Retailers have had a lot to deal with during the pandemic. Aside from the closing, re-opening and possible threat of re-closing, they’ve had to weather occupancy management, excess stock and a new way of operating which shopping is not suited to. For retailers like Primark – brick and mortar only – there have been challenges to the business model. But even omnichannel vendors, such as Next have not been able to ride the storm without significant hurdles. Undoubtedly it’s been tough, and whilst retail sales have bounced back a little to record better than expected results, retailers will need to be on their A-game to survive the next few months.
The problem they face is consumers simply have so much choice. If one retailer can’t provide a solution, another will. Many retailers were therefore focusing on ways to form bonds with customers, with customer experience a cornerstone of their retention strategy. However, in today’s Covid-centric world, customer experience has evolved completely, making it much harder to surprise and delight. Retailers therefore need another secret weapon tucked up their sleeve, and in my view, this is personalisation.
I admit, it’s not a new concept, but it is one that can help bridge the online and in-store experience. This is vital, as while the majority of us have adopted online as the go-to channel, it does not replace the experience of walking into a shop and being able to view or touch the product in question. When browsing online, there is always an element of doubt – from wondering how it looks in real life, through to whether it will fit well or make you look frumpy. Shoppers are looking for trusted advisors, and retailers can make this transition.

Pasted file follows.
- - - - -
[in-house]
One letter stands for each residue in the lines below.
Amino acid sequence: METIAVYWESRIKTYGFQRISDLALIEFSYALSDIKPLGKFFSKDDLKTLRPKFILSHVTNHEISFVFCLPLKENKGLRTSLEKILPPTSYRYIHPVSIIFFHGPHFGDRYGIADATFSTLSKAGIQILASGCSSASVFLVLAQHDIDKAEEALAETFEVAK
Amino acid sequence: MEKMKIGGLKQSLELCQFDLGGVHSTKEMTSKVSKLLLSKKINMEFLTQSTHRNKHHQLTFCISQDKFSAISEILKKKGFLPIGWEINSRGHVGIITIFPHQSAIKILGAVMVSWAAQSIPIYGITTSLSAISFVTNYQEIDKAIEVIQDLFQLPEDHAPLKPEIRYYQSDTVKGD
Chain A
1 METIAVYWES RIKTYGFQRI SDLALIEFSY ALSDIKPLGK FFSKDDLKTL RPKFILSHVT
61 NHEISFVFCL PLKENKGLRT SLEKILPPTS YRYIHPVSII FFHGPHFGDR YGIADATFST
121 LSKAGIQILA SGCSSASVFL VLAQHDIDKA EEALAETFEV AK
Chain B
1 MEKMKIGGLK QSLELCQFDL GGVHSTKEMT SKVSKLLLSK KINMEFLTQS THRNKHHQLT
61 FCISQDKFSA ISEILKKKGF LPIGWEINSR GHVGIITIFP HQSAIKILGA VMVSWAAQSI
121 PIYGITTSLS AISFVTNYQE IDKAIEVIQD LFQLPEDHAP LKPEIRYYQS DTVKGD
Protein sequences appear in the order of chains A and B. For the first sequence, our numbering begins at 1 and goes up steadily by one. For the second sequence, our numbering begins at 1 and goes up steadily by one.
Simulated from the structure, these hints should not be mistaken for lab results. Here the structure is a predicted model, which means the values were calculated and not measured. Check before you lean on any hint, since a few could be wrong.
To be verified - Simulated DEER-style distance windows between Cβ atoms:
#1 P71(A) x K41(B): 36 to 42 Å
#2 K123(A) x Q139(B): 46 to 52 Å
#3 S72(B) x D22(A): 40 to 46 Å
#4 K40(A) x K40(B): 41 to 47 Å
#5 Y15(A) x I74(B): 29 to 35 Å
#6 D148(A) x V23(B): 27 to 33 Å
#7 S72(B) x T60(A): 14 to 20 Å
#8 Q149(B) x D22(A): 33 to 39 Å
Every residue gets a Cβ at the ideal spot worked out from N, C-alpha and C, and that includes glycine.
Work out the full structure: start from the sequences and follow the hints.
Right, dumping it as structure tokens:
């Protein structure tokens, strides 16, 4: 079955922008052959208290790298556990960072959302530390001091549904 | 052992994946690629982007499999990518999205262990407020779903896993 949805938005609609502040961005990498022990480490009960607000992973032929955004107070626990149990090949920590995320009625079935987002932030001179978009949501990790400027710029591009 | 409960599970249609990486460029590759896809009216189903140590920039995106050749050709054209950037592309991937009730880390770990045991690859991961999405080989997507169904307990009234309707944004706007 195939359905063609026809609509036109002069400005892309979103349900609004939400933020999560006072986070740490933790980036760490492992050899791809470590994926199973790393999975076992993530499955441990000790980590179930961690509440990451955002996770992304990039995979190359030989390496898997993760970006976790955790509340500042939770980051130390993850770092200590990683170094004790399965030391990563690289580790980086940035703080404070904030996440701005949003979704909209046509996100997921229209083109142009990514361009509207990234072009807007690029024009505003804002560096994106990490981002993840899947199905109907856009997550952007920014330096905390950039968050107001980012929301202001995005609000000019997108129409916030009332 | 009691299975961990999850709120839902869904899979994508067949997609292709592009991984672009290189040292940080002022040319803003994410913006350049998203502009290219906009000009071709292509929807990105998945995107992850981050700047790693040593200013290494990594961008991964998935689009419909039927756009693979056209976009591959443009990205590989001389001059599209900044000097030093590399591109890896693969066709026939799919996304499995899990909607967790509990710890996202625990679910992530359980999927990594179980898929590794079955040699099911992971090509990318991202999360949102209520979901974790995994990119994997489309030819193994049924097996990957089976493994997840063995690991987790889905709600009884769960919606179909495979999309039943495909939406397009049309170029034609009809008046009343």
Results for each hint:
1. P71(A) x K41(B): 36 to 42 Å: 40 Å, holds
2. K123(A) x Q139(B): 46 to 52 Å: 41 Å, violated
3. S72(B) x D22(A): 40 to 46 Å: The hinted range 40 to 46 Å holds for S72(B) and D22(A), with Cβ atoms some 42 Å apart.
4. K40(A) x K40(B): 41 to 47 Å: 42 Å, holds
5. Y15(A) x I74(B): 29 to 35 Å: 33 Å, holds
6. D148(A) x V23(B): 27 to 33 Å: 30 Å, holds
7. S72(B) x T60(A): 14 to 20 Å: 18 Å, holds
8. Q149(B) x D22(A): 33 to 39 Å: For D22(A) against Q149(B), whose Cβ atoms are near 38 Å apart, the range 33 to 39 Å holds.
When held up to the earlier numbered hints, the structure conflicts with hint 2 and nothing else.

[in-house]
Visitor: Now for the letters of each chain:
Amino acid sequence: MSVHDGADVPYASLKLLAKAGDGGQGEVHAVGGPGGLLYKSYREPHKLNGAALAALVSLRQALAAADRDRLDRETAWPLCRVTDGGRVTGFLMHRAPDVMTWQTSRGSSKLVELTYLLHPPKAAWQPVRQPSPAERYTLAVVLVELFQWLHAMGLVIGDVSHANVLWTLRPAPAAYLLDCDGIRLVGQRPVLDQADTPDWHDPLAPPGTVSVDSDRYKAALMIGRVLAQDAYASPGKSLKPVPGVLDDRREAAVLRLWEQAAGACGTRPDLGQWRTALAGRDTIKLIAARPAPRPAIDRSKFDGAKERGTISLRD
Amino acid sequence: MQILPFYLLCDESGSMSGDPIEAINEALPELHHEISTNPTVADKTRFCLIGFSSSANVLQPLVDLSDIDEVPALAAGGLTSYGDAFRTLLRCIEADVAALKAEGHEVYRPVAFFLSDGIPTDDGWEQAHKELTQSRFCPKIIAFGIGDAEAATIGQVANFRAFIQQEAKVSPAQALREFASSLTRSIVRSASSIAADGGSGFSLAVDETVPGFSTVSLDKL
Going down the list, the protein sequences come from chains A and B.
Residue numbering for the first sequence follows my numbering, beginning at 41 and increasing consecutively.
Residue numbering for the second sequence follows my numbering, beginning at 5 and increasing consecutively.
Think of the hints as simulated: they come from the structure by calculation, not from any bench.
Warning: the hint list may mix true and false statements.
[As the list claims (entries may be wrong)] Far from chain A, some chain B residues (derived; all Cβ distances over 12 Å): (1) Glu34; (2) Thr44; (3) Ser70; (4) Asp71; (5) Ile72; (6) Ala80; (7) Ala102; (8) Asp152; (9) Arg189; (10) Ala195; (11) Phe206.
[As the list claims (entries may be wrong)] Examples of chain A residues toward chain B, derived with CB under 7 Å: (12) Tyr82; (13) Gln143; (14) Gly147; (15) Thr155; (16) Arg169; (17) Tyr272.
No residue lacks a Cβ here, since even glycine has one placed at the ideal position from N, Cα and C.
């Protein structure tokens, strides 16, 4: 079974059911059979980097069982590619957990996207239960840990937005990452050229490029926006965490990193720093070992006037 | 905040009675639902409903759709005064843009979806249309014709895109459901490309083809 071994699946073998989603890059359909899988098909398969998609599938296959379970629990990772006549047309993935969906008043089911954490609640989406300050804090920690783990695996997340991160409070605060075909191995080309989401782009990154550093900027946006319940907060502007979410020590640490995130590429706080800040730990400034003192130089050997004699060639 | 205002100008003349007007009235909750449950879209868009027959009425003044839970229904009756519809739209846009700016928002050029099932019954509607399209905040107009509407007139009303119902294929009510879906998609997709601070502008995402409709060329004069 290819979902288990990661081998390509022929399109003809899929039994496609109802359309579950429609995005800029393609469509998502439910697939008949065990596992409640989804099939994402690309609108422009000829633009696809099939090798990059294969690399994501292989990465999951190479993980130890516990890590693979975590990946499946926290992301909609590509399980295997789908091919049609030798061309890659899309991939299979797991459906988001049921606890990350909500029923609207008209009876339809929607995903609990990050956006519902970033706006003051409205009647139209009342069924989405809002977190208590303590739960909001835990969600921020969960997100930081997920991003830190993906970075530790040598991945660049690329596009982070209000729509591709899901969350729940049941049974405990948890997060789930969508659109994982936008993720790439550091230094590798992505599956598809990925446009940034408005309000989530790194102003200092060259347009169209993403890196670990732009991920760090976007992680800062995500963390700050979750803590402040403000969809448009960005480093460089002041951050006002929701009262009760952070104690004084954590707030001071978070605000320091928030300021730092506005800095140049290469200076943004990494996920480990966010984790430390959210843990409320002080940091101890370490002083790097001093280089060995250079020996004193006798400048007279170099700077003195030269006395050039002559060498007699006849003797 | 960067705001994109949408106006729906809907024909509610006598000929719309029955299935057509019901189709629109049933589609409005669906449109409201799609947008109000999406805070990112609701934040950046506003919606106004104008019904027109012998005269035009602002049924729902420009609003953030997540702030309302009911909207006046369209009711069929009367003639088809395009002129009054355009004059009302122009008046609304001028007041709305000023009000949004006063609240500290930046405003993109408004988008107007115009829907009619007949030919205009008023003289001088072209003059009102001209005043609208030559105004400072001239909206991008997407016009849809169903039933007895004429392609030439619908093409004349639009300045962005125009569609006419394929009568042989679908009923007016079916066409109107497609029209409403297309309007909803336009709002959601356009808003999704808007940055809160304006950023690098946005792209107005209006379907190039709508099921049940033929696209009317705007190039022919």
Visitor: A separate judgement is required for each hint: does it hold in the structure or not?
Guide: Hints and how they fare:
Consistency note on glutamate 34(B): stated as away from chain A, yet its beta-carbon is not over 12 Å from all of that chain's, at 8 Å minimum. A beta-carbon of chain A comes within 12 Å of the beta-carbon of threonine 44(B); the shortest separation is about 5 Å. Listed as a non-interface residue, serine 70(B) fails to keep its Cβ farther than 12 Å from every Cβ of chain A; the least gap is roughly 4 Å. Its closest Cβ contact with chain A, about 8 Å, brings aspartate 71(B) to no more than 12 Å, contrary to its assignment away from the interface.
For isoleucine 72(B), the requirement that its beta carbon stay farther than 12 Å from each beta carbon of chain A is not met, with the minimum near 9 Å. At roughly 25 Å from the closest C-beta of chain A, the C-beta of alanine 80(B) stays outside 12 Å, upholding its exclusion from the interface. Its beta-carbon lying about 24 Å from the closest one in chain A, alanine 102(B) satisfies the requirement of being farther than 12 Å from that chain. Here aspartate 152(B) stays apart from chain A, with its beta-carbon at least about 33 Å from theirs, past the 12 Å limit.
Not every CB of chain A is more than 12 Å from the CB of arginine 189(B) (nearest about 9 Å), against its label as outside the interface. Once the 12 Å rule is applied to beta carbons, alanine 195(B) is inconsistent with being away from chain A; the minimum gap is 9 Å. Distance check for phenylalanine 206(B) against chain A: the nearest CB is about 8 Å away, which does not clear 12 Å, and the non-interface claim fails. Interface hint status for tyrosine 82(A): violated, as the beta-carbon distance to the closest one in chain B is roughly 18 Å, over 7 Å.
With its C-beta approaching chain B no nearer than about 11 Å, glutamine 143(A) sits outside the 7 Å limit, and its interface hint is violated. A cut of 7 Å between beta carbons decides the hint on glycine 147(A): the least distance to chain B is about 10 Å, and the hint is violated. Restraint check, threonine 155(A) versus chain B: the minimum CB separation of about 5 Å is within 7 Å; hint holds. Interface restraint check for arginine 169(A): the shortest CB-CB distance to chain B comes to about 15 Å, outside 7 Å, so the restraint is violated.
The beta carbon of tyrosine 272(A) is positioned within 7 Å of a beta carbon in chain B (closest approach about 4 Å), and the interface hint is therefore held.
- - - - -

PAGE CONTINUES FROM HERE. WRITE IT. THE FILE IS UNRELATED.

But what will that look like? Well, it’s all about communicating. Often in-store experiences are made by finding a hidden deal or interacting with a shop assistant who goes out of their way to be helpful. However, this close interaction is now diminished thanks to social distancing, so it needs to be replaced digitally.
Successful retailers will be able to demonstrate to customers that they understand their needs, and can meet them fully. Much like communicators knowing the right message and channel, retailers will need to do the same. To achieve this, they need to capitalise on the fact customers are online more. Can they glean insights from when people browse, if they abandon their baskets, whether they want to pick up items or pay more for delivery? Understanding what makes people tick will help deliver more efficient promotions and a smooth customer journey – all of which personalisation can play into.
In my view, retailers can’t afford to put personalisation on the backburner. It’s a part of modern-day retail and therefore needs to be prioritised, even when costs need cutting and excess stock shifted. Understanding and appreciating your audience will help win them over, by communicating clearly and concisely, whilst also showing you value their custom, as much as they appreciate the service you provide. Retail is an ever-changing beast and technology will be the driving force behind future successes. Therefore, show your audience some love – they’ll thank you for it.
by Fiona M.